There is so much bad investing advice out there.
As wonderful as the Internet has been for the free-flowing exchange of ideas, information, and transparency when it comes to securities trading, there has been an equally poor effect on those who don’t really understand investing but seek knowledge.
Consider the trendy and “woke” concept known as “impact investing.”
“Impact investing” is a term manufactured by the Global Impact Investing Network, a nonprofit organization with some 280 members across 41 countries.
Founded in 2009, the GIIN was created to generate so-called “impact investments” into companies with the intention to “generate measurable, beneficial societal and environmental impact, alongside a financial return.”
“Impact investing” is obviously perfect for those “woke” Millennials who have bought into the elitist propaganda that a company’s fiduciary duty to shareholders should be subordinated to social impact nonsense.
Everyone just wants to feel good about themselves. They should call “impact investing” something like “virtue signaling investing.”
According to a recent survey by Fidelity Charitable, the nation’s largest grantmaker, 77% of Millennials have made an impact investment. That shows just how popular this concept is with that demographic.
Yet financial advisors seem to have caught on to the fact that “impact investing” doesn’t really have a clearly defined set of rules. That may be why Fidelity Charitable says only 53% of financial advisors say they understand the topic well.
In other words, three-quarters of Millennial investors are clamoring to make “impact investments,” yet only half of the financial advisors out there even know what their clients are talking about. It also helps explain why Millennials don’t know how to buy stocks.
This makes perfect sense if one thinks about it.
How exactly do you measure the beneficial societal impact that a company has? How do you measure its environmental impact?
This first requires that one define terms like “environmental, and “societal.” What exactly does this mean? What is considered a positive or negative impact? How do you balance one against the other?
Take the classic collision of the logging industry versus environmentalists who want to save the forests.
The timber industry needs to cut down trees in order to generate products from those raw materials. Certainly, it is a positive societal impact by creating jobs for those in the timber industry. It also has the ancillary effects of creating jobs in the community and helping the economy for all the machinery involved in that work.
Removing excess timber from certain areas prone to wildfires may also be a positive action for the environment.
Environmentalists, however, would say just the opposite. They would say that destroying any trees for a greedy corporation to make money would be a bad environmental impact. Yet, they would ignore that this would create a negative societal impact because those timber industry jobs wouldn’t exist.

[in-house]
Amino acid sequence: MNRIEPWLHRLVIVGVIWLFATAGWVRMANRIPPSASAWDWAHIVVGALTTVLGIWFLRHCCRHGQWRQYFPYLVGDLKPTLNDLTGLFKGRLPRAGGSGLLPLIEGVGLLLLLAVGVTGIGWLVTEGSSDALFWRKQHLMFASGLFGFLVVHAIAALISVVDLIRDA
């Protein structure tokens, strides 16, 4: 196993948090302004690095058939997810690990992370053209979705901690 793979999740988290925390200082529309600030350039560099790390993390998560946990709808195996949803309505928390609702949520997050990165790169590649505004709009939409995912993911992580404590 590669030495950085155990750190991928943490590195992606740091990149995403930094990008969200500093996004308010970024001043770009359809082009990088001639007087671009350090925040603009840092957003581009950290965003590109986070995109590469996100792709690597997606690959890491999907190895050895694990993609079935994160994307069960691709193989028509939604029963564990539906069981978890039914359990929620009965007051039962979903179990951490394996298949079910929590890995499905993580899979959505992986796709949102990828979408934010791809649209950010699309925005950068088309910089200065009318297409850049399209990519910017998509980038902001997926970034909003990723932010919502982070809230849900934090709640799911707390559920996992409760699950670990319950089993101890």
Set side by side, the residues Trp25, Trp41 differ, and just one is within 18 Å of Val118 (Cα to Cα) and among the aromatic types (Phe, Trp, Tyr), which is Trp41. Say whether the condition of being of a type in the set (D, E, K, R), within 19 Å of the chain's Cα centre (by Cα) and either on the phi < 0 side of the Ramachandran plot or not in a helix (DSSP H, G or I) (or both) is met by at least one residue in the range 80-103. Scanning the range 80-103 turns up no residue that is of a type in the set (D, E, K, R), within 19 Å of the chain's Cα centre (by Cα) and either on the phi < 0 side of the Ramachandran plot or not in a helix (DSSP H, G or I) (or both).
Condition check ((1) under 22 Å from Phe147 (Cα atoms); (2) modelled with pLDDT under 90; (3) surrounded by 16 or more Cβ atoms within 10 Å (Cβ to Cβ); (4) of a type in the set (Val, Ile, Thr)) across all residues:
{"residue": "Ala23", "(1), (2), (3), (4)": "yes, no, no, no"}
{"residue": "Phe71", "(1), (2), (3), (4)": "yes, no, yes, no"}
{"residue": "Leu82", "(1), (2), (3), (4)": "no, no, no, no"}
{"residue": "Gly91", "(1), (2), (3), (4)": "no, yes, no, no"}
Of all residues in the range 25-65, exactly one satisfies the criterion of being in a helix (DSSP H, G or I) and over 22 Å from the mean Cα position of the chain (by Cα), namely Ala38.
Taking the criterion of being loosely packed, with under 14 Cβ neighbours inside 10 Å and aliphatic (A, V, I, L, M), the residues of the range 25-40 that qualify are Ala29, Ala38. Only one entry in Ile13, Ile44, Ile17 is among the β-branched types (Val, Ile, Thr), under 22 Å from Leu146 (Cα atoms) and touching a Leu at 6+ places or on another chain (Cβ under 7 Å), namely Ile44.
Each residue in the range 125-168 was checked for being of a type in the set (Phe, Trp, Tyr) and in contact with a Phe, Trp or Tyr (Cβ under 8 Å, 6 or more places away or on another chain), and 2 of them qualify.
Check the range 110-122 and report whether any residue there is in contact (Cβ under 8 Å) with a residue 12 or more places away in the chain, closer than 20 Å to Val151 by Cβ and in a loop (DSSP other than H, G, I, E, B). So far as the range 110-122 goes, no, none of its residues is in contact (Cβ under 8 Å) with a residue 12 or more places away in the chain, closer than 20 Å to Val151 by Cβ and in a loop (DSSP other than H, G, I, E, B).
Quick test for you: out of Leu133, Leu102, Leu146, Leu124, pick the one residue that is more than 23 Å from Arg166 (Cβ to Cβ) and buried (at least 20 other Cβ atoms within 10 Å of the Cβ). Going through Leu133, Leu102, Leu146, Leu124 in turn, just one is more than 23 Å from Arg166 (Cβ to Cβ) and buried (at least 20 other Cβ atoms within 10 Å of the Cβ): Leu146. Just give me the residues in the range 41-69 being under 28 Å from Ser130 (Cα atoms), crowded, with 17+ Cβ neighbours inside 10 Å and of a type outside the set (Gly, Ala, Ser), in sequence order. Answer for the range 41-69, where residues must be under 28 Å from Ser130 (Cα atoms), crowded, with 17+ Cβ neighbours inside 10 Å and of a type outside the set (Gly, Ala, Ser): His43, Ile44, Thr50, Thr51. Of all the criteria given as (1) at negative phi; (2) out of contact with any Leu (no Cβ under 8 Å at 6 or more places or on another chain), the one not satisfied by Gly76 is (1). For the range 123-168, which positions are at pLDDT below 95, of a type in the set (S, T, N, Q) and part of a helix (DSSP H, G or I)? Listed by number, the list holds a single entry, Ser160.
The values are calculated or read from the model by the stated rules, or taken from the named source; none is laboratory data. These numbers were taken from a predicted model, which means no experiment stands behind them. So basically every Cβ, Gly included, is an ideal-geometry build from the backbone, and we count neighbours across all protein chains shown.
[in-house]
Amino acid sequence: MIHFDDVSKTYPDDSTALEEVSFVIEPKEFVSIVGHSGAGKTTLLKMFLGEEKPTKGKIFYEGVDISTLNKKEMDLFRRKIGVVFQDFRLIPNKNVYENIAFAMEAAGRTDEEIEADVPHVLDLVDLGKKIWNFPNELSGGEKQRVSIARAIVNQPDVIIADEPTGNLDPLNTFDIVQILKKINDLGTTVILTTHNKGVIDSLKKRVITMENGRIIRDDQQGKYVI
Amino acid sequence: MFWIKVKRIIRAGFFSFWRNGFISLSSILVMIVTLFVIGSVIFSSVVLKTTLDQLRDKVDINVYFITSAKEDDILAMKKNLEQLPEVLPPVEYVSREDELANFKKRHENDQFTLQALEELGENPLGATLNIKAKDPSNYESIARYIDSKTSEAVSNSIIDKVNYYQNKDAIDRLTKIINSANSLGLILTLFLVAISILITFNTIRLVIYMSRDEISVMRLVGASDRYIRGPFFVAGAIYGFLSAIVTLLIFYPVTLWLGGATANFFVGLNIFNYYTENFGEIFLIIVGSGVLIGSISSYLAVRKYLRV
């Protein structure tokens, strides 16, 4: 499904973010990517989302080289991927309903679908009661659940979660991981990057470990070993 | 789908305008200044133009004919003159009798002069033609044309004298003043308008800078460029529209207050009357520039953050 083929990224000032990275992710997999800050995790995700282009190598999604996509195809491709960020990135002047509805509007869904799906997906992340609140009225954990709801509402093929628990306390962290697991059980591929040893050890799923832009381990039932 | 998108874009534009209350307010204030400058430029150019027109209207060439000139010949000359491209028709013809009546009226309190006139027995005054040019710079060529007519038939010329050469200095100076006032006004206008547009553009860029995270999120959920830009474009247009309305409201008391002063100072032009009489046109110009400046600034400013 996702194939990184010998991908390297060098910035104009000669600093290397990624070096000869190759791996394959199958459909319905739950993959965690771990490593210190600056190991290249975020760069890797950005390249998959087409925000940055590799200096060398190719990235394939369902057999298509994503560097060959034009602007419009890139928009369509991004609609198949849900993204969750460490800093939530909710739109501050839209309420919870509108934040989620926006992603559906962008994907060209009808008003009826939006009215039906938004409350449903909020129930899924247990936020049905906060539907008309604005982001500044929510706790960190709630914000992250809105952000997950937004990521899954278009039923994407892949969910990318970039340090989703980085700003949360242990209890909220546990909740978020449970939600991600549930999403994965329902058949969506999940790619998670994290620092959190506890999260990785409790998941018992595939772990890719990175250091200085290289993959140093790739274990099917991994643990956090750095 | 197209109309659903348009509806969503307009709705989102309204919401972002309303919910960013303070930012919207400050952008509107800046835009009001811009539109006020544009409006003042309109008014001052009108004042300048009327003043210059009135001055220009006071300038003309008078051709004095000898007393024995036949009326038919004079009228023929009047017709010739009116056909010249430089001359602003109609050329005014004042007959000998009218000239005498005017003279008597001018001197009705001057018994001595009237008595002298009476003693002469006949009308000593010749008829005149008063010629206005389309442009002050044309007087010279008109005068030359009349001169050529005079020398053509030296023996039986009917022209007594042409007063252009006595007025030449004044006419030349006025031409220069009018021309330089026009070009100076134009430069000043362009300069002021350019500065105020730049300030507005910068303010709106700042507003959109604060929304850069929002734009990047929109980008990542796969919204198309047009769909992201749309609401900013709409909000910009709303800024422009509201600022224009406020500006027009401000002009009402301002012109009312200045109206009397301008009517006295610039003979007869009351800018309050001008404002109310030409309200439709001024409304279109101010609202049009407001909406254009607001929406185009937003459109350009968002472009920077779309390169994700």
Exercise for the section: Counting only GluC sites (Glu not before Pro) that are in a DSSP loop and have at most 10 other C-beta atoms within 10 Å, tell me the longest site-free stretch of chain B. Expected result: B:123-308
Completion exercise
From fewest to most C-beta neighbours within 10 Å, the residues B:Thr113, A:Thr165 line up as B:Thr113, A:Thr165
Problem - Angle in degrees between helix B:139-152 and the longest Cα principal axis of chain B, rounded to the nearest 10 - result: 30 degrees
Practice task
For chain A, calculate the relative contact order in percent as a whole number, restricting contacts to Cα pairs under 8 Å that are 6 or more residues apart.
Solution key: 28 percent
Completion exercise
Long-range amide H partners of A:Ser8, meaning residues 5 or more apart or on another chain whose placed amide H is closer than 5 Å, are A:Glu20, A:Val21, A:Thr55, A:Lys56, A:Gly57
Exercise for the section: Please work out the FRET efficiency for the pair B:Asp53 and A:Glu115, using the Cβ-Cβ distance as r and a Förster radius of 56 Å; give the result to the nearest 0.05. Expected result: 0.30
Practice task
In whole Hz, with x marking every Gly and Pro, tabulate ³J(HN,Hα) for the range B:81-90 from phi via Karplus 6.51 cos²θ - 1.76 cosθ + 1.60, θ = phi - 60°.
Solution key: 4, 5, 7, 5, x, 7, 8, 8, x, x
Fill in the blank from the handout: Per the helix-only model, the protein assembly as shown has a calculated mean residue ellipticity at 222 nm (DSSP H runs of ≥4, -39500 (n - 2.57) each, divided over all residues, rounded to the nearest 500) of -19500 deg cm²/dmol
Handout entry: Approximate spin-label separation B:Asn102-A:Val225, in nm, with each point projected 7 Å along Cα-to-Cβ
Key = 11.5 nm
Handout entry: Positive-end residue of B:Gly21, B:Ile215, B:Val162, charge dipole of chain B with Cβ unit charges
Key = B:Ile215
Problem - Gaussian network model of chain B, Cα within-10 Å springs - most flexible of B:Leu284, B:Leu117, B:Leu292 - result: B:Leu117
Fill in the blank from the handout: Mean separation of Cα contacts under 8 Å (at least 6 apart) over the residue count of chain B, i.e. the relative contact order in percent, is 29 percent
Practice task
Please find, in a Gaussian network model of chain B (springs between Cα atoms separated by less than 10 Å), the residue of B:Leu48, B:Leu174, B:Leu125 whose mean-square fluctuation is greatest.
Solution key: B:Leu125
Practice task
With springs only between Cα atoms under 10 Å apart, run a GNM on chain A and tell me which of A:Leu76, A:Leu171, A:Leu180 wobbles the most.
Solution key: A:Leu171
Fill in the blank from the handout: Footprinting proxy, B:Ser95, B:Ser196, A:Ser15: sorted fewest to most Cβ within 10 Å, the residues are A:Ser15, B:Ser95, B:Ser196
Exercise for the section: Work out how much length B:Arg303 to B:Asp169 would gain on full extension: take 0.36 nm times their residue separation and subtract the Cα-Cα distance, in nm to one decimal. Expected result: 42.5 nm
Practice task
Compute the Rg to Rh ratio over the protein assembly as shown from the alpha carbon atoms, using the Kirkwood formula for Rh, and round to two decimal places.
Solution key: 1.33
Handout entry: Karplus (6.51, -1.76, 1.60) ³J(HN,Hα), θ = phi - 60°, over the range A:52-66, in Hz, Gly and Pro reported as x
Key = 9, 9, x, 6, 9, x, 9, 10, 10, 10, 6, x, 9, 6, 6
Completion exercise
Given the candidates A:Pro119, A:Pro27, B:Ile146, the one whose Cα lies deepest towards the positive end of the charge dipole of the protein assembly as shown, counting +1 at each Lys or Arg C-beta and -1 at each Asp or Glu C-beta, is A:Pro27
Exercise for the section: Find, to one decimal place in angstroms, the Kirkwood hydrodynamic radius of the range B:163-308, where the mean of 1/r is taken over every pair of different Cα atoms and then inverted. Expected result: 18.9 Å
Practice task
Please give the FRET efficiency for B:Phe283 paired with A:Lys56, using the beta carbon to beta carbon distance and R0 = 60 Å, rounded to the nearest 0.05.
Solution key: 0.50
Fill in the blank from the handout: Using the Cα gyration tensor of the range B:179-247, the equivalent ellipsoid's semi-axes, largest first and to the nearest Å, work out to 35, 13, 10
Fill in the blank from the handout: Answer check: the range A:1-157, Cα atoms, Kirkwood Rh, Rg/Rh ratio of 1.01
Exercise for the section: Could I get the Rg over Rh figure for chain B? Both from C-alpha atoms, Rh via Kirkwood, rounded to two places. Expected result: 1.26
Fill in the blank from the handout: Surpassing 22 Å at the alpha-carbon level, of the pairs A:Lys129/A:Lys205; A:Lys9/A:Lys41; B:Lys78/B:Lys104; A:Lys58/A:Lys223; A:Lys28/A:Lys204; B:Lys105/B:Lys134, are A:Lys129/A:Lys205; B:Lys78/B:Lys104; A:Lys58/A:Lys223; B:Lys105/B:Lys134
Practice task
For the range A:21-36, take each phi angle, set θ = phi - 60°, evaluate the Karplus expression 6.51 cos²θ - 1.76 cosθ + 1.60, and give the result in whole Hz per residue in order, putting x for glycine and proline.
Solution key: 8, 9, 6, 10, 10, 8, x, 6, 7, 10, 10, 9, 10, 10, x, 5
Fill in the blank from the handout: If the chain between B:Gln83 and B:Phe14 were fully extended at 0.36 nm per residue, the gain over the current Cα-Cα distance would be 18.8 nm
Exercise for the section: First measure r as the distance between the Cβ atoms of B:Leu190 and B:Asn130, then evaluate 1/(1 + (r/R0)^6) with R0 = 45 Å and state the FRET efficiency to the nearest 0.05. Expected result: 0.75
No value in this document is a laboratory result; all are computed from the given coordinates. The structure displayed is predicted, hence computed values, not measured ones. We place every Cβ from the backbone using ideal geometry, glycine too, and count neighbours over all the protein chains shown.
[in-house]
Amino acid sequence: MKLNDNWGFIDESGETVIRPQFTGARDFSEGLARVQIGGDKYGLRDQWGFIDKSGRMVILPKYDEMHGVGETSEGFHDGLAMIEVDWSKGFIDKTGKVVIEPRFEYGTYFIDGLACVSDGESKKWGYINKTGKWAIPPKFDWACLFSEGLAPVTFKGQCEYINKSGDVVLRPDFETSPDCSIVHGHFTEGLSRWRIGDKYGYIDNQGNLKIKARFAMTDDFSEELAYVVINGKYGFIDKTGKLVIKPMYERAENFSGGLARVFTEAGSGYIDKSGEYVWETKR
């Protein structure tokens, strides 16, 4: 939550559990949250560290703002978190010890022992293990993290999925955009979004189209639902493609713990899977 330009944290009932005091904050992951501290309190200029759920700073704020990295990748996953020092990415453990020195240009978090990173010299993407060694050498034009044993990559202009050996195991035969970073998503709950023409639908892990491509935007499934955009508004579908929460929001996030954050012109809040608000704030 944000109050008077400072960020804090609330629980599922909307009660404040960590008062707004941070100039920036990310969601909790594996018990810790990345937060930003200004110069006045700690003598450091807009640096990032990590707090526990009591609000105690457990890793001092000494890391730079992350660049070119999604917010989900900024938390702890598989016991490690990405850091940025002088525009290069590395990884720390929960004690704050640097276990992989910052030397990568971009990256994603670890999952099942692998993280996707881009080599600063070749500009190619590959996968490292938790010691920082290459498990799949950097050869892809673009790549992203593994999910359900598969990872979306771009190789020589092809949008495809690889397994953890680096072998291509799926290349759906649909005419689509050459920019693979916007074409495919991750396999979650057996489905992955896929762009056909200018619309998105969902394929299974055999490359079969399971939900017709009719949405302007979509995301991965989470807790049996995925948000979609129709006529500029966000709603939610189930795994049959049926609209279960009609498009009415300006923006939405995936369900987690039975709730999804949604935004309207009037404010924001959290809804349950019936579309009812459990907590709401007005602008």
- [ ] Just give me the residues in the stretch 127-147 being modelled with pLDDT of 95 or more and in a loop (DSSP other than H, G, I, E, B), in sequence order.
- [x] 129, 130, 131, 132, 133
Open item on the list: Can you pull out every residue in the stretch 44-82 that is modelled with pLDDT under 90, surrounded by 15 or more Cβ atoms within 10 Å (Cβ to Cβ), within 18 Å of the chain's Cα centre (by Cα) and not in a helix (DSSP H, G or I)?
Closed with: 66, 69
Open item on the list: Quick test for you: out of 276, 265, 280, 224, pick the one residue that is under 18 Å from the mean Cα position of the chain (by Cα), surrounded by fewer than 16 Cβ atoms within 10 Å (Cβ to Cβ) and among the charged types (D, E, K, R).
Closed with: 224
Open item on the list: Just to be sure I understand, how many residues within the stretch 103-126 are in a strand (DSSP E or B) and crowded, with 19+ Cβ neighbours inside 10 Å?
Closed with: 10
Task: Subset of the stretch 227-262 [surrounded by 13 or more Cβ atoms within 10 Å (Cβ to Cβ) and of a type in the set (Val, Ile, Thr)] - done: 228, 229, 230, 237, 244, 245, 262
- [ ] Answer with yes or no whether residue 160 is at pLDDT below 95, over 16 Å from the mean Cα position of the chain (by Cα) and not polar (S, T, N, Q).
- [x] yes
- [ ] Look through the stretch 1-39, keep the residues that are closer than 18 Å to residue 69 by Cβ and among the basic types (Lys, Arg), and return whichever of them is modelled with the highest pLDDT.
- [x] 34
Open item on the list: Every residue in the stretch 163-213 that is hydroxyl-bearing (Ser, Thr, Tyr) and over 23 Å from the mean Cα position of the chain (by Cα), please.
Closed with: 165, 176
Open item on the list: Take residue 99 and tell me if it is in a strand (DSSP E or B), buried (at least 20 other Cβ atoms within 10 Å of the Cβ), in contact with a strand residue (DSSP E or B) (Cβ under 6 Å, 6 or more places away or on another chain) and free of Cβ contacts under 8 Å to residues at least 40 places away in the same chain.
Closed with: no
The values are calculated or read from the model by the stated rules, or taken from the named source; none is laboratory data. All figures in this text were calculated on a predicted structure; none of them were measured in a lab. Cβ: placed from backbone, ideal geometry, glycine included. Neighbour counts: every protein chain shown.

So are timber industry companies good or evil? Do they provide a positive or negative impact on society and the environment?
Now extend that to every kind of company and industry in existence. How on earth does one make an “impact investment” when these terms are not only not clearly defined, but probably are made up from a bunch of arbitrary rules?
Even if one manages to decide whether an impact is positive or negative, how is that impact measured? What of the units of measurement? Is it the number of jobs lost? The number of acres of trees cut down? The amount of paper that is produced from trees, reduced by the amount of non-recycled toilet paper?
No wonder the advisors have no idea what their clients are talking about.
This is just one of the many problems when it comes to this type of “socially responsible investing,” which was the term coined 20 years ago before the hot new term of “impact investing” appeared on the scene.
This is just the tip of the iceberg. None of this even addresses some of the problems that I wrote about the other day.
I mentioned a new ETF that supposedly invests in companies that eschew certain behaviors as part of their business.
This ETF said it doesn’t want to invest in any company that has to do with the military or defense. Yet the fund’s top holding is Microsoft, and I’m willing to bet that the entire defense and military infrastructure uses Microsoft products.
So when it comes to “impact investing,” if a woke Millennial invests in a company that meets his impact standards, is he even aware that that company might engage in activities that don’t meet his impact standards in other ways?
And what about all the individuals who work at the company he has invested in? For all he knows, the majority of people who work at that company drive home in vehicles powered by fossil fuels, to homes that have no solar power, where they never recycle, and burn charcoal on their barbecue, while basting their non-ethically slaughtered meat with sauce containing corn syrup.
You can give this type of investing any name. You can pretend that you’re making a difference in the world, but at the end of the day, it’s all nonsense.
Behind it all are the funds who want to collect investor fees in exchange for making investments that make clients feel good.
That is not the proper way to invest in the stock market and grow wealth over the long term.
This article was edited by Josiah Wilmoth.